Things were looking up, or at least not so down. In May, the National Association of Realtors said existing home sales were 9.6% better than a year ago, with prices up 7.9% in the past 12 months and just a 6.6-month supply of unsold homes; the listed sales inventory was 20.4% smaller than in May 2011. NAR’s pending home sales index was at 95.5 in April and 101.1 in May. The Case-Shiller Home Price Index saw price gains in the majority of its metro markets for a second straight month in April. New home sales were up 7.6% in May according to the Census Bureau.28,29,30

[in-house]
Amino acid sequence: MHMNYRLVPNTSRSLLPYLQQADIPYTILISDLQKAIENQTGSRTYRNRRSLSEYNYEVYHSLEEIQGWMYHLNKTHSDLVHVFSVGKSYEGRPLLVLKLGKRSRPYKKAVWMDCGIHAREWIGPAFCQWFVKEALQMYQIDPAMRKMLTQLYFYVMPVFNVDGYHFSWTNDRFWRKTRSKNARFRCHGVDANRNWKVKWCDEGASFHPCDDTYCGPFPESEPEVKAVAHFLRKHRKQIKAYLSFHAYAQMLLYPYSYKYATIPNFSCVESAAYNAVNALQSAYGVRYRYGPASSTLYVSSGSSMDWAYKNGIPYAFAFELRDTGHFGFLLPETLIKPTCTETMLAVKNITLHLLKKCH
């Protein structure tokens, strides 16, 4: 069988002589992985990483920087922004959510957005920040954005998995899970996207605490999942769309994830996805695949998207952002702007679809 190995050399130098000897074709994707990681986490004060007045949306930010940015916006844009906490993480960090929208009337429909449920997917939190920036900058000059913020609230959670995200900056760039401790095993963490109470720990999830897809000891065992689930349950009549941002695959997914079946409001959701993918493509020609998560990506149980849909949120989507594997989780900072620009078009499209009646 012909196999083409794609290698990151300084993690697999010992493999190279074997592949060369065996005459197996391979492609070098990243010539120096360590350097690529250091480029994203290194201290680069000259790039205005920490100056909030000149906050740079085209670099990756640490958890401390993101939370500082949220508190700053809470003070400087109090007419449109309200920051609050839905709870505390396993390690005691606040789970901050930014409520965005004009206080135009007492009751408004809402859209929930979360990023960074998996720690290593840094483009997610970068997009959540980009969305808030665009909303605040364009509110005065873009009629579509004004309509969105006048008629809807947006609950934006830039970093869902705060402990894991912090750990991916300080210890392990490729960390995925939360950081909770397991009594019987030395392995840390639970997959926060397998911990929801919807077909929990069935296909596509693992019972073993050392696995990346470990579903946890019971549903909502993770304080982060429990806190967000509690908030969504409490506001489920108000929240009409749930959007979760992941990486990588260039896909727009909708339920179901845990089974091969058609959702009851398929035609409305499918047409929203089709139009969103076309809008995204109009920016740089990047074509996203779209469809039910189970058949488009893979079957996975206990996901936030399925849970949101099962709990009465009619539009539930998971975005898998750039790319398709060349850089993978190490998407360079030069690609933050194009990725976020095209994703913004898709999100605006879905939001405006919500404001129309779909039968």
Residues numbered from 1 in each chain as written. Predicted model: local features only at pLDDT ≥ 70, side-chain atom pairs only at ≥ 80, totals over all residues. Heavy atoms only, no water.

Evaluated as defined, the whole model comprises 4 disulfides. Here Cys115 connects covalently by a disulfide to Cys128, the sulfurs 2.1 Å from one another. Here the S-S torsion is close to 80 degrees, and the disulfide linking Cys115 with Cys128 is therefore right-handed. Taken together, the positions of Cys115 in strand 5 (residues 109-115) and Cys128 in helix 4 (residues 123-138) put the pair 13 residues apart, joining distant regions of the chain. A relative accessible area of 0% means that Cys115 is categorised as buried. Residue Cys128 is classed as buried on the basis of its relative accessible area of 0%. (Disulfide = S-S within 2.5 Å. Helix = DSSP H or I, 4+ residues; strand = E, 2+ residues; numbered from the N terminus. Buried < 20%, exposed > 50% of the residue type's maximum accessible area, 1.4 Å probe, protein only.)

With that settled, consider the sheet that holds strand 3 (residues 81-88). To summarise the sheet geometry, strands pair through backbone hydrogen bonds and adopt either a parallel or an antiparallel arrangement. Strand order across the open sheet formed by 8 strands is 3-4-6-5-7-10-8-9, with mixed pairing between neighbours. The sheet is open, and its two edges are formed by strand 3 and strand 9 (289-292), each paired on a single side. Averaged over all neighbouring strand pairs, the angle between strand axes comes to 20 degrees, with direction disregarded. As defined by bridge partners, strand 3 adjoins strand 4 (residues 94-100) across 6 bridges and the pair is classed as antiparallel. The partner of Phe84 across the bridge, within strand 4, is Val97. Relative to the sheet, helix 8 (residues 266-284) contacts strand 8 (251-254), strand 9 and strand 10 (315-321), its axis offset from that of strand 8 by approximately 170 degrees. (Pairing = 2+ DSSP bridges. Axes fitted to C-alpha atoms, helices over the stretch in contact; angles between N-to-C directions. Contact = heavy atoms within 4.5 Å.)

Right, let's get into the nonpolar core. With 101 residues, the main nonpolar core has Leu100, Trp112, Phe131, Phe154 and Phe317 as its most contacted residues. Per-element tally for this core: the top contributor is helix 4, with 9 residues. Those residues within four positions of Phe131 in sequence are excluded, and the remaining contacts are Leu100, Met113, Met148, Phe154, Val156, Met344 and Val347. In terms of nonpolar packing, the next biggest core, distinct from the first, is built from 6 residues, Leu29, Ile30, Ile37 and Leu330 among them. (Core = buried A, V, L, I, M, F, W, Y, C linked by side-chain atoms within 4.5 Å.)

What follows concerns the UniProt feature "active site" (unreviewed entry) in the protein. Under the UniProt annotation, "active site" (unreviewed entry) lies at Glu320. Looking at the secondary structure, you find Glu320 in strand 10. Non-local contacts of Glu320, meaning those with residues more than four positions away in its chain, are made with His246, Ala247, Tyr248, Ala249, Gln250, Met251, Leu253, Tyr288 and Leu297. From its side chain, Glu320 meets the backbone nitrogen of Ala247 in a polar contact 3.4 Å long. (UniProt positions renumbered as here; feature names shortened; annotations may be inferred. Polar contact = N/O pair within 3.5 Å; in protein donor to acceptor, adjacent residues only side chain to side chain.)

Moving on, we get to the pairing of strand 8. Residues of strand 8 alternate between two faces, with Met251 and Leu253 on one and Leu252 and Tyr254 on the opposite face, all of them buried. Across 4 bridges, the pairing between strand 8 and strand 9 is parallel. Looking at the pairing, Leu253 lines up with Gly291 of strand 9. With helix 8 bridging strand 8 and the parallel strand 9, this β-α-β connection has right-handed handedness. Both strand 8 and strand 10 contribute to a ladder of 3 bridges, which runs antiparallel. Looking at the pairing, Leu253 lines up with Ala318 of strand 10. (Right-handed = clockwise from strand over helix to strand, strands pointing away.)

Back on March 29, Freddie Mac had average mortgage interest rates as follows: 30-year FRMs, 3.99%; 15-year FRMs, 3.23%; 5/1-year ARMs, 2.90%; 1-year ARMs, 2.78%. On June 29, the averages were lower across the board: 30-year FRMs, 3.66%; 15-year FRMs, 2.94%; 5/1-year ARMs, 2.79%; 1-year ARMs, 2.74%.31

After the best June for the S&P 500 since 1999 (+3.96%), Q2 2012 didn’t look so dismal. The CBOE VIX ended the quarter at just 17.04 after a 9.94% Q2 rise.1

DJIA +5.42 -2.51 +5.05 +3.93
NASDAQ +12.66 -5.06 +7.10 +10.06
S&P 500 +8.31 -3.29 +4.19 +3.76
10 YR TIPS -0.46% 0.74% 2.65% 3.48%

Sources: cnbc.com, bigcharts.com, treasury.gov, treasurydirect.gov – 6/29/121,32,33,34

Indices are unmanaged, do not incur fees or expenses, and cannot be invested into directly.

These returns do not include dividends.